By Kent Darr


Principal Financial Group Inc. and related investment entities accuse Bank of America Corp. and 29 other international lenders and money managers of conspiring to manipulate a benchmark interest rate, according to lawsuits filed Thursday in federal court in Des Moines.


In separate lawsuits, Principal, its Principal Funds Inc. and additional related companies claim they suffered financial losses because the large lenders posted false information on Libor, an interest rate used as a basis for a broad range of loan instruments, including mortgage-backed securities and swap agreements that were used as a hedge against development loans. It formal name is the London Interbank Offered Rate.


The lenders made up a panel called the British Bankers' Association, a trade association that owned Libor and whose board establishes the rate, which represents the interest charged on loans among well-capitalized banks on a fixed-time basis. Many of the defendants in the lawsuits have representatives on the board.


Those lenders represent the most prominent names in the financial industry, including Barclays Bank PLC, Citigroup Inc., Credit Suisse Group AG, Deutsche Bank AG, HSBC Holdings PLC, JPMorgan Chase & Co., Lloyds Banking Group PLC, Royal Bank of Canada, The Royal Bank of Scotland Group PLC and UBS AG.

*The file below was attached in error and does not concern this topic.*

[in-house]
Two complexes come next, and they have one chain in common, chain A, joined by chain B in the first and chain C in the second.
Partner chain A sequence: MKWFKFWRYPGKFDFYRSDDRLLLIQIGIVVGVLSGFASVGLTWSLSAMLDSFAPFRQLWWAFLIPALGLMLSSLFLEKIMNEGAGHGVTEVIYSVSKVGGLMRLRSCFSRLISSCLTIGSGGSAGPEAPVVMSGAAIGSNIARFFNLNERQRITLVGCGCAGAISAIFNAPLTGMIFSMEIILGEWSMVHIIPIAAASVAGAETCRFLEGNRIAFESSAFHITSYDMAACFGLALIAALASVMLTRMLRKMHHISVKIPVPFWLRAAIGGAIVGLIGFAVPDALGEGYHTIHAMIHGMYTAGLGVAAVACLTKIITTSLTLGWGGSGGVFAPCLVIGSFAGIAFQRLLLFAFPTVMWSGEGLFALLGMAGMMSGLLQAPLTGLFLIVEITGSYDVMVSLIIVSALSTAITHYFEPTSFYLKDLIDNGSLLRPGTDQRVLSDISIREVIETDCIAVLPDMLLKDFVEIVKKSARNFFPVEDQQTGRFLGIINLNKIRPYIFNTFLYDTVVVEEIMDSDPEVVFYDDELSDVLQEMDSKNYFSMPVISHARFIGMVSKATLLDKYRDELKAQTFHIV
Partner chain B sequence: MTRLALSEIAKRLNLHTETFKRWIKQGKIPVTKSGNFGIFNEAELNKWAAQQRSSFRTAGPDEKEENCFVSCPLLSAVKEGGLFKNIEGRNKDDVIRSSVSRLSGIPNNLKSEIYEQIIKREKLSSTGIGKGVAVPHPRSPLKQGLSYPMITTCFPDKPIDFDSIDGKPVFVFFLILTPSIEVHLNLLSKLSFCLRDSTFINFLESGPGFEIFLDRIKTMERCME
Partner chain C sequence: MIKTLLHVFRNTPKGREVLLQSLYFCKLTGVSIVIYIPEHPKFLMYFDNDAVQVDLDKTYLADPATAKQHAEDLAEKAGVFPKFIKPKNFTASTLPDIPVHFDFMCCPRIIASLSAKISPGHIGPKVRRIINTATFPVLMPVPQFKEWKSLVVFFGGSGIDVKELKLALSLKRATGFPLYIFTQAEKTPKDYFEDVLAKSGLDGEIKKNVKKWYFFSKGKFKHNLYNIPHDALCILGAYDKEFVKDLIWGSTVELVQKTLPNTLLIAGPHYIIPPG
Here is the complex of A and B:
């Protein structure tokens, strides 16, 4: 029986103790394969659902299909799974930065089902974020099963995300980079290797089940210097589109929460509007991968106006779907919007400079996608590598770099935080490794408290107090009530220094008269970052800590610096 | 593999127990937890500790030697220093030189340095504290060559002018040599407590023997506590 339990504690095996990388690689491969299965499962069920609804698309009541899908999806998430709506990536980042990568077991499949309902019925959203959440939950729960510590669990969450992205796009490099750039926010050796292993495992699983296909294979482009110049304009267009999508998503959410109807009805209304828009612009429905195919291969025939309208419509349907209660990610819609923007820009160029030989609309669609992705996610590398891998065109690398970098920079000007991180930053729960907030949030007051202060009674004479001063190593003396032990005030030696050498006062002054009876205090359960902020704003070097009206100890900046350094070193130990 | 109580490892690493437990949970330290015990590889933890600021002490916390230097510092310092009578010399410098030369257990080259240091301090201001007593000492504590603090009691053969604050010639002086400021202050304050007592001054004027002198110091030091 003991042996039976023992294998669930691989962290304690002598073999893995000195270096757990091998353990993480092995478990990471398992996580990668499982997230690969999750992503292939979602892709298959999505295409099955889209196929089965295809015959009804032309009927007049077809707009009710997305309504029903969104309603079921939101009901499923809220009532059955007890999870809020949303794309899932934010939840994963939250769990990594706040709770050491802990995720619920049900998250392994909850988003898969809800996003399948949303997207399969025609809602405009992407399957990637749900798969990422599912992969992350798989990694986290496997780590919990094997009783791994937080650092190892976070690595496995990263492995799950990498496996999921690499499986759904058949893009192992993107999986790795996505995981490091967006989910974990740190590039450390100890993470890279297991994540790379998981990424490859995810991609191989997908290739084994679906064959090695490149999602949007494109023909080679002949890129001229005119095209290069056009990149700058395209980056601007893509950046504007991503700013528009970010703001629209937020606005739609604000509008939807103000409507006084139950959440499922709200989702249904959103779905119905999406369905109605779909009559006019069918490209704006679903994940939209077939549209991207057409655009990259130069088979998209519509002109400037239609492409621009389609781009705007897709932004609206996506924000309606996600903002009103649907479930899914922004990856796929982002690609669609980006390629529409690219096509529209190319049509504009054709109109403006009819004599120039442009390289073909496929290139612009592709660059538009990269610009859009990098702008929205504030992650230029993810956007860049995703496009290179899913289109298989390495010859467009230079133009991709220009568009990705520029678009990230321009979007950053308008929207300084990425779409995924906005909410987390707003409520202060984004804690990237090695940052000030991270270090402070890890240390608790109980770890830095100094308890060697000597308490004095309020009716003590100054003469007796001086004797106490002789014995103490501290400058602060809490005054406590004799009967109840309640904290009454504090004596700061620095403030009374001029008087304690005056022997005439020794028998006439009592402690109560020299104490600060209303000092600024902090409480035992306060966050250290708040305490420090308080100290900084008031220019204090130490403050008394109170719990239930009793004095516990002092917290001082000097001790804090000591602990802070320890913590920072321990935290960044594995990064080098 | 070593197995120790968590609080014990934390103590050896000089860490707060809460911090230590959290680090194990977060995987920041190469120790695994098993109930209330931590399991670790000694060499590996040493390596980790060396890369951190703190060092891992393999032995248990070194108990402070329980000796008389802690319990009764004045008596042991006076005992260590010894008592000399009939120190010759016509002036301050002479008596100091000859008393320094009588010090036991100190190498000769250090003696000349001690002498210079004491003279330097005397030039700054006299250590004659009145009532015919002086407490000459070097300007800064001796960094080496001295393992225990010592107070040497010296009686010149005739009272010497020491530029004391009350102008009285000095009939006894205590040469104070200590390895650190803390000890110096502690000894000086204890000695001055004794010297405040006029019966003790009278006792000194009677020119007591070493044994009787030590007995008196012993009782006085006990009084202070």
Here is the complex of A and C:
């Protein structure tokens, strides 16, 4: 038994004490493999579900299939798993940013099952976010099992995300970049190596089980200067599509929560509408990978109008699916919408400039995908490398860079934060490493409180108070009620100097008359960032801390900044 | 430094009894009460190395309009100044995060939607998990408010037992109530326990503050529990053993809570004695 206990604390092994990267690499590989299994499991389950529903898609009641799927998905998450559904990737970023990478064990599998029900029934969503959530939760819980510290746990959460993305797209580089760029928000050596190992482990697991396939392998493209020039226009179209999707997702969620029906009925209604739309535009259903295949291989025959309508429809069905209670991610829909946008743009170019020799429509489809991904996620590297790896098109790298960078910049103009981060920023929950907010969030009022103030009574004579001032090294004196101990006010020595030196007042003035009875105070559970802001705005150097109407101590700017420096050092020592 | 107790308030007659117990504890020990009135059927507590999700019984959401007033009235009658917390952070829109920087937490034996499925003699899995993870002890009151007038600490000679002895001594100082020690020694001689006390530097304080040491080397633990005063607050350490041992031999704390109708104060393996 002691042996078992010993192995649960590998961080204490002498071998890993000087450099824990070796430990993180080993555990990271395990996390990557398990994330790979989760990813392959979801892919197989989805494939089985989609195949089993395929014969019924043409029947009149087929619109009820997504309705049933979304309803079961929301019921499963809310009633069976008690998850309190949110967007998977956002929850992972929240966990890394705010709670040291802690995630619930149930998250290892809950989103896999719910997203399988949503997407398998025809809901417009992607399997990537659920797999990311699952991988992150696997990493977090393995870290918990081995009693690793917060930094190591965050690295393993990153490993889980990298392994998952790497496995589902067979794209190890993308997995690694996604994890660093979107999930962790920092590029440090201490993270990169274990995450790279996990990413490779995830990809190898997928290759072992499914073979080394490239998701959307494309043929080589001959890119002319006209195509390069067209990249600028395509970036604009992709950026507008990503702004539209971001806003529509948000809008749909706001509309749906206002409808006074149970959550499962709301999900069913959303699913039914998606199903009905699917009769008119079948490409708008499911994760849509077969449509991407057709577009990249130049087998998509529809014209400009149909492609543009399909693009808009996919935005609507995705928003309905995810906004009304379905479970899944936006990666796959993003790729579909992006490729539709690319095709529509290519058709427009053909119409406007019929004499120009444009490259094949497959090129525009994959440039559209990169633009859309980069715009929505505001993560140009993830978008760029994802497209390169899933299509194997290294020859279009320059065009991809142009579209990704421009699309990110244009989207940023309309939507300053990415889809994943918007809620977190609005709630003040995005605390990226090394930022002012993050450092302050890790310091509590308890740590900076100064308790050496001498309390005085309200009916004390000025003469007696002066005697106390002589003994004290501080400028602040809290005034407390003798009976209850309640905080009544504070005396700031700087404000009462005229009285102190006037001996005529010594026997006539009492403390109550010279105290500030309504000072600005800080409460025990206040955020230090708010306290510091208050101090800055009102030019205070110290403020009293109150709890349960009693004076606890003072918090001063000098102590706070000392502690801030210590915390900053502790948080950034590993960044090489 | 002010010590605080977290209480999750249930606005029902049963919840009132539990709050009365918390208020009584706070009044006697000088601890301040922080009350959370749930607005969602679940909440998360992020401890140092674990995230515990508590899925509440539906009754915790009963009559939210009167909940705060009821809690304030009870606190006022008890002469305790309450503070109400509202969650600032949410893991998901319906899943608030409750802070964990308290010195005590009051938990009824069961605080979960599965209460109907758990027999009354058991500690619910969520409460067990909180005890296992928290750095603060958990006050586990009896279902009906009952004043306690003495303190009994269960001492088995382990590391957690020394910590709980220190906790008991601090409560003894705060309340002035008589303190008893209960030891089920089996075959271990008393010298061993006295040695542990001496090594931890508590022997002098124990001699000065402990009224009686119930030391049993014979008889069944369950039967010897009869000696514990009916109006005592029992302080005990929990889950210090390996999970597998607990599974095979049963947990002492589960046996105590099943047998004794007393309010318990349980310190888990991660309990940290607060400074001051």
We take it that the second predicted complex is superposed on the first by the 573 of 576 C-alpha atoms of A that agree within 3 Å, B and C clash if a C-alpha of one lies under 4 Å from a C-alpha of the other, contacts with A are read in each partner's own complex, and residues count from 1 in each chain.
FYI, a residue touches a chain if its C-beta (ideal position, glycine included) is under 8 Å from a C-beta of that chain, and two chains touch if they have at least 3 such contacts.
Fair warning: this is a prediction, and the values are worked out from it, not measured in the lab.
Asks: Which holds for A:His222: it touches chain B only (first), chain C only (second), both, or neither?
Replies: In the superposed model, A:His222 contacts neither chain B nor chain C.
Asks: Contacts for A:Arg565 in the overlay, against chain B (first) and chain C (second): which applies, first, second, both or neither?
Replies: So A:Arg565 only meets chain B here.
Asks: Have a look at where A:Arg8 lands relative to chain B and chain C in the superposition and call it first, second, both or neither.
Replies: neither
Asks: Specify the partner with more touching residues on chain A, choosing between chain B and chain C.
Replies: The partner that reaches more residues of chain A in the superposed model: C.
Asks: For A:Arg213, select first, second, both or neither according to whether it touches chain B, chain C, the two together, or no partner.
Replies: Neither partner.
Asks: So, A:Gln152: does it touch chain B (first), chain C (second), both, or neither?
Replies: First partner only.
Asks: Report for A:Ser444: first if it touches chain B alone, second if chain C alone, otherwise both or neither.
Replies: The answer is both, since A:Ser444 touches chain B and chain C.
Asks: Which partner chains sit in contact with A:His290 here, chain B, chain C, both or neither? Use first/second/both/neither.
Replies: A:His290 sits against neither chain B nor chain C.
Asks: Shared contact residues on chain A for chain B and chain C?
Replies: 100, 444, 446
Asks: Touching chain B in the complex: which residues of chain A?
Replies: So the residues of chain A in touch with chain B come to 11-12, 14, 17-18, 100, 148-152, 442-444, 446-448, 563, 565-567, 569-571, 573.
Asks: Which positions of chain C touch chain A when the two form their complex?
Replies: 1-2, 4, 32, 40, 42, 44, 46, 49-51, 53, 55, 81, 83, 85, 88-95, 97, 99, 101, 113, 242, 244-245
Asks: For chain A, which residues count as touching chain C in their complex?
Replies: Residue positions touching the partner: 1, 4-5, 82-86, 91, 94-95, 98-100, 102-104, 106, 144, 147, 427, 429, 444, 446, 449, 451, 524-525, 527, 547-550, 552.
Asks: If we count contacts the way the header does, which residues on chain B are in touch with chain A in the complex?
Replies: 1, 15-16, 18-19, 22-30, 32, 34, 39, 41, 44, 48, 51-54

"Defendants conspired to manipulate Libor and fix it at artificially low levels in order to reap billions of dollars in ill-gotten profits," according to the lawsuits.


Libor is calculated for 10 different currencies, including the U.S. dollar. The rate is fixed each day after panels of large lenders report their best rates for the day for each of the currencies. In the United States, the rates are set for loans that mature overnight or in 12 months.


The banks have been targets of various investigations into price fixing. Barclays, for example, admitted that it set rates at artificially low levels. Philadelphia recently filed suit against the lenders, and the British Bankers' Association has agreed to transfer oversight of Libor to government banking regulators. UBS entered into a $1.5 billion settlement with the U.S. Department of Justice and regulators in England and Switzerland.


In its lawsuit, Philadelphia said the complex swaps "have cost state and local governmental entities hundreds of millions or even billions of dollars, depleting treasuries, ruining budgets, and hindering the delivery of public services," Reuters reported.


Between August 2007 and May 2010, the lenders and money managers manipulated Libor and affected bonds, asset-backed securities, loans and interest-rate swaps held by various Principal entities, according to the Principal lawsuits. 


Principal's filings also provide a brief history of investigations into the Libor scandal and excerpts of statements from bank officials and others that appear to confirm the existence of a conspiracy to manipulate Libor rates.